Hit the Block
The show's about beat cops in New York City, but these aren't seasoned veterans -- they're all first-year rookies. They come from diverse backgrounds, including a former Marine MP and an ex-NBA player. The six cops head off with Sgt. Daniel "Yoda" Dean (Terry Kinney) to take their new turf and meet the locals. Basically, it's like Police Academy, just not a comedy.
Meet the Team
Easily the high point of the show is Ray Harper (Adam Goldberg). The oldest of the rookies, "Lazarus" is by far the most interesting character, but he gets too little screen time. Conversely, Jennifer "White House" Perry (Leelee Sobieski), the ex-Marine, is an embarrassing caricature, and Sobieski's acting is wooden and unbelievable. Also, she's terrifyingly skinny.
Low Man on the Totem Pole
Because these are rookies, they're tasked with the worst jobs on the force, from watching dead bodies to cleaning out toilets. But, of course, they manage to get real police work done in between, including a tense standoff at a domestic abuse situation and a near-fistfight between a cabbie and another driver. Nobody screws up too bad, but nobody gets any medals either.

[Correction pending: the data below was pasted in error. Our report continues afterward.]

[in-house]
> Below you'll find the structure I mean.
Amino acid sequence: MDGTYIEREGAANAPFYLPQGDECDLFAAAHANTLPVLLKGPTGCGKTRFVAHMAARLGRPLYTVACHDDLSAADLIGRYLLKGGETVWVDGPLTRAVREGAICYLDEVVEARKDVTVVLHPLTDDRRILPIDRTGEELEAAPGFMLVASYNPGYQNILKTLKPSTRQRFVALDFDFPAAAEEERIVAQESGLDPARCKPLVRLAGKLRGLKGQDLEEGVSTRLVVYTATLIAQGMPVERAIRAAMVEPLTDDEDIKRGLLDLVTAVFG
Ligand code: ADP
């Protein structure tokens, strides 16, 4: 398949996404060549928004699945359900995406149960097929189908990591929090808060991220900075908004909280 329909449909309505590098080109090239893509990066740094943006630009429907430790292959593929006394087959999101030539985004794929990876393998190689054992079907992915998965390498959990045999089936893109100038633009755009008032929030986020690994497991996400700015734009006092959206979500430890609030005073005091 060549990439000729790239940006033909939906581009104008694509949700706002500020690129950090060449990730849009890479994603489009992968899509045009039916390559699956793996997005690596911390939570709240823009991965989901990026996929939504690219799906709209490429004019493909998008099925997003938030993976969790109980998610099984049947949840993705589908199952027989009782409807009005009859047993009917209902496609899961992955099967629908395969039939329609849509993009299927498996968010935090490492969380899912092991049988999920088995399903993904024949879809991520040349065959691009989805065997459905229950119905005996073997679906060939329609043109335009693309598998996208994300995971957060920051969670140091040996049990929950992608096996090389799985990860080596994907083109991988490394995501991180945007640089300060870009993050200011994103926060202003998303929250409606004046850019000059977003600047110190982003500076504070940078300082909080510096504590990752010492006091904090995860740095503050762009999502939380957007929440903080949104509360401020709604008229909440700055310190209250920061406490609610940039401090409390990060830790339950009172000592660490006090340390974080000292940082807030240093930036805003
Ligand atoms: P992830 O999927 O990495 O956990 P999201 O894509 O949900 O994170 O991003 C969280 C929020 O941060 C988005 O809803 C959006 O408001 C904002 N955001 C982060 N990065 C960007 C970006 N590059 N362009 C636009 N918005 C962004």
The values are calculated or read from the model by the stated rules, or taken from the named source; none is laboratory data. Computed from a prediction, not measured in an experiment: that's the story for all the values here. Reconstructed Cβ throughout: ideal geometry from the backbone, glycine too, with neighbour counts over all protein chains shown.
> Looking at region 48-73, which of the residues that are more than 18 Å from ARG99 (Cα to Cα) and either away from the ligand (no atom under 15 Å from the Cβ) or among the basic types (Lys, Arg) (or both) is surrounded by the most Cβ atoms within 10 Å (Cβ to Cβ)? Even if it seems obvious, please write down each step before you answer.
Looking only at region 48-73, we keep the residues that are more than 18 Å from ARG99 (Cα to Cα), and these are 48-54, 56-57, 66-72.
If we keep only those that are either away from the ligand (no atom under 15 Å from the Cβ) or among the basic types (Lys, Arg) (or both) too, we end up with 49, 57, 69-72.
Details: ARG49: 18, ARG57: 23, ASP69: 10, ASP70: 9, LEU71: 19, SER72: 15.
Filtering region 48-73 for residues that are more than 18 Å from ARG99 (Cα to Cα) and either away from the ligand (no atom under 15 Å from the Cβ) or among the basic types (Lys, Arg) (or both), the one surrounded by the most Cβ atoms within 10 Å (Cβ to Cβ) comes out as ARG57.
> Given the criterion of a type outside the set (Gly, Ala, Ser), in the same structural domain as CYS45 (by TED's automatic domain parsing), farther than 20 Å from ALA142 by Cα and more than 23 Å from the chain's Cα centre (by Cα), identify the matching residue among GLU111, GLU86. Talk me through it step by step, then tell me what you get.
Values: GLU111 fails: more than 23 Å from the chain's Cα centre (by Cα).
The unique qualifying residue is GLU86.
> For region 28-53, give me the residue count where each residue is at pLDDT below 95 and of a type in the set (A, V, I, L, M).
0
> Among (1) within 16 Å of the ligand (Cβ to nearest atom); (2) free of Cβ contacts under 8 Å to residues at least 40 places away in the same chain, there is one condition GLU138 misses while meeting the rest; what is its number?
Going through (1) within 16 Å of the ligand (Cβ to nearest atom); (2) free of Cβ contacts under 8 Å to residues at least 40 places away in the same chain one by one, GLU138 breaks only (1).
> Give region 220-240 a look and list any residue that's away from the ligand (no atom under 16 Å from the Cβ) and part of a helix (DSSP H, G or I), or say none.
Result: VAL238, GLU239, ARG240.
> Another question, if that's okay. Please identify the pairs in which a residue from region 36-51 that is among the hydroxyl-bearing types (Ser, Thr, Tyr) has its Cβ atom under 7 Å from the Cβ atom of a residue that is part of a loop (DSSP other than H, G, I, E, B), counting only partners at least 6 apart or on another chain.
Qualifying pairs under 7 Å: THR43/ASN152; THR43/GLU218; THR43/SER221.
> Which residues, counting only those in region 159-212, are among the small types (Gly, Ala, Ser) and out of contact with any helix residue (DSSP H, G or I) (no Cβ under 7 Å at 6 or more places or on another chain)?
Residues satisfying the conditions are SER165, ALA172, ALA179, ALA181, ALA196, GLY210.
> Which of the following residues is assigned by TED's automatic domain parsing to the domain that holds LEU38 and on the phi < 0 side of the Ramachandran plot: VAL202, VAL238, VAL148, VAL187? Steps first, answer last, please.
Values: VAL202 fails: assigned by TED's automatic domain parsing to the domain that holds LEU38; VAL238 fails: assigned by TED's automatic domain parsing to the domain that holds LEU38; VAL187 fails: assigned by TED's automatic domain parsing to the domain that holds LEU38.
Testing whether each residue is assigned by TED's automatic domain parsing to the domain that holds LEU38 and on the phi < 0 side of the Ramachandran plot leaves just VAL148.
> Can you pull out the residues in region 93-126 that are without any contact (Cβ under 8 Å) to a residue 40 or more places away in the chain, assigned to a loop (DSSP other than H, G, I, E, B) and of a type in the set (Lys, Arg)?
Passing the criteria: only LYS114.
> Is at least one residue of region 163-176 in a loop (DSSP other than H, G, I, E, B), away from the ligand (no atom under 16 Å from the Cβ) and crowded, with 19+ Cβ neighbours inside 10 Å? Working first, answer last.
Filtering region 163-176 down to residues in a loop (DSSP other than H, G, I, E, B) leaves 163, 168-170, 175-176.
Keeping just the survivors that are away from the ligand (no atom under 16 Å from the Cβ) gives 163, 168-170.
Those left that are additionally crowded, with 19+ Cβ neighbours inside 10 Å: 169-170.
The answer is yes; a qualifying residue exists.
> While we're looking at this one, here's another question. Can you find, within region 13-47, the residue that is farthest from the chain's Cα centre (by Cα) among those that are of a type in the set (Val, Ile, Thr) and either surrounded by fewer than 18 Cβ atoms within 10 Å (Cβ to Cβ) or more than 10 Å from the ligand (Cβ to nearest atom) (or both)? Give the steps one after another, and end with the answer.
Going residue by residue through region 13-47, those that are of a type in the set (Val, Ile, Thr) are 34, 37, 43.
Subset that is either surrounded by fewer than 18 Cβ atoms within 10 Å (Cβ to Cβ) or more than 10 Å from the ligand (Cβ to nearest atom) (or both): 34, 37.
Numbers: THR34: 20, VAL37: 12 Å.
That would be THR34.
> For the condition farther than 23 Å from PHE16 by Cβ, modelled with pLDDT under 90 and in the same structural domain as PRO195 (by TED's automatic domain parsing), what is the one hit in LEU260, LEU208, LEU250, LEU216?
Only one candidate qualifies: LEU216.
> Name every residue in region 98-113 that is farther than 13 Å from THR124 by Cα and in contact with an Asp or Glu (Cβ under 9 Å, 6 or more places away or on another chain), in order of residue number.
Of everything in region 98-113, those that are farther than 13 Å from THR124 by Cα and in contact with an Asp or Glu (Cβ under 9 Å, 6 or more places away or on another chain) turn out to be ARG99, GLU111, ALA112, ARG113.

At the end of the first episode, the rookies wrap up their first day and we get a scene that really illustrates the problems with NYC 22. Dean, the group's supervising officer, literally gets the rookies together and tells them what they learned that day. It's 2012, we don't need to be spoon-fed a moral at the end of an hour of television. If I'm up at 10:00, I'm an adult.
NYC 22 didn't really do enough for me to stand out from the approximately 9,000 other shows about New York policemen. Sure, they're rookies, but there's no hook in the pilot to make me want to see more. Too bad.
"My name is Sgt. Daniel Dean. Some call me Yoda. I do not like it."
-- Yoda meets his new charges.
"Just do the job. That's all that matters right now."
-- Kenny (Stark Sands) tries to keep Ahmad's (Tom Reed) morale up.
"I'm going to give you until 6 o'clock to walk over to that precinct and turn yourself in."
-- Jackpot (Harold House Moore) tries to convince an old friend to do the right thing.
"Call an ambulance. The baby stopped breathing!"
-- Tonya (Judy Marte) bluffs her way out of a bad situation.
"This was not a good day."
-- Yoda wraps things up.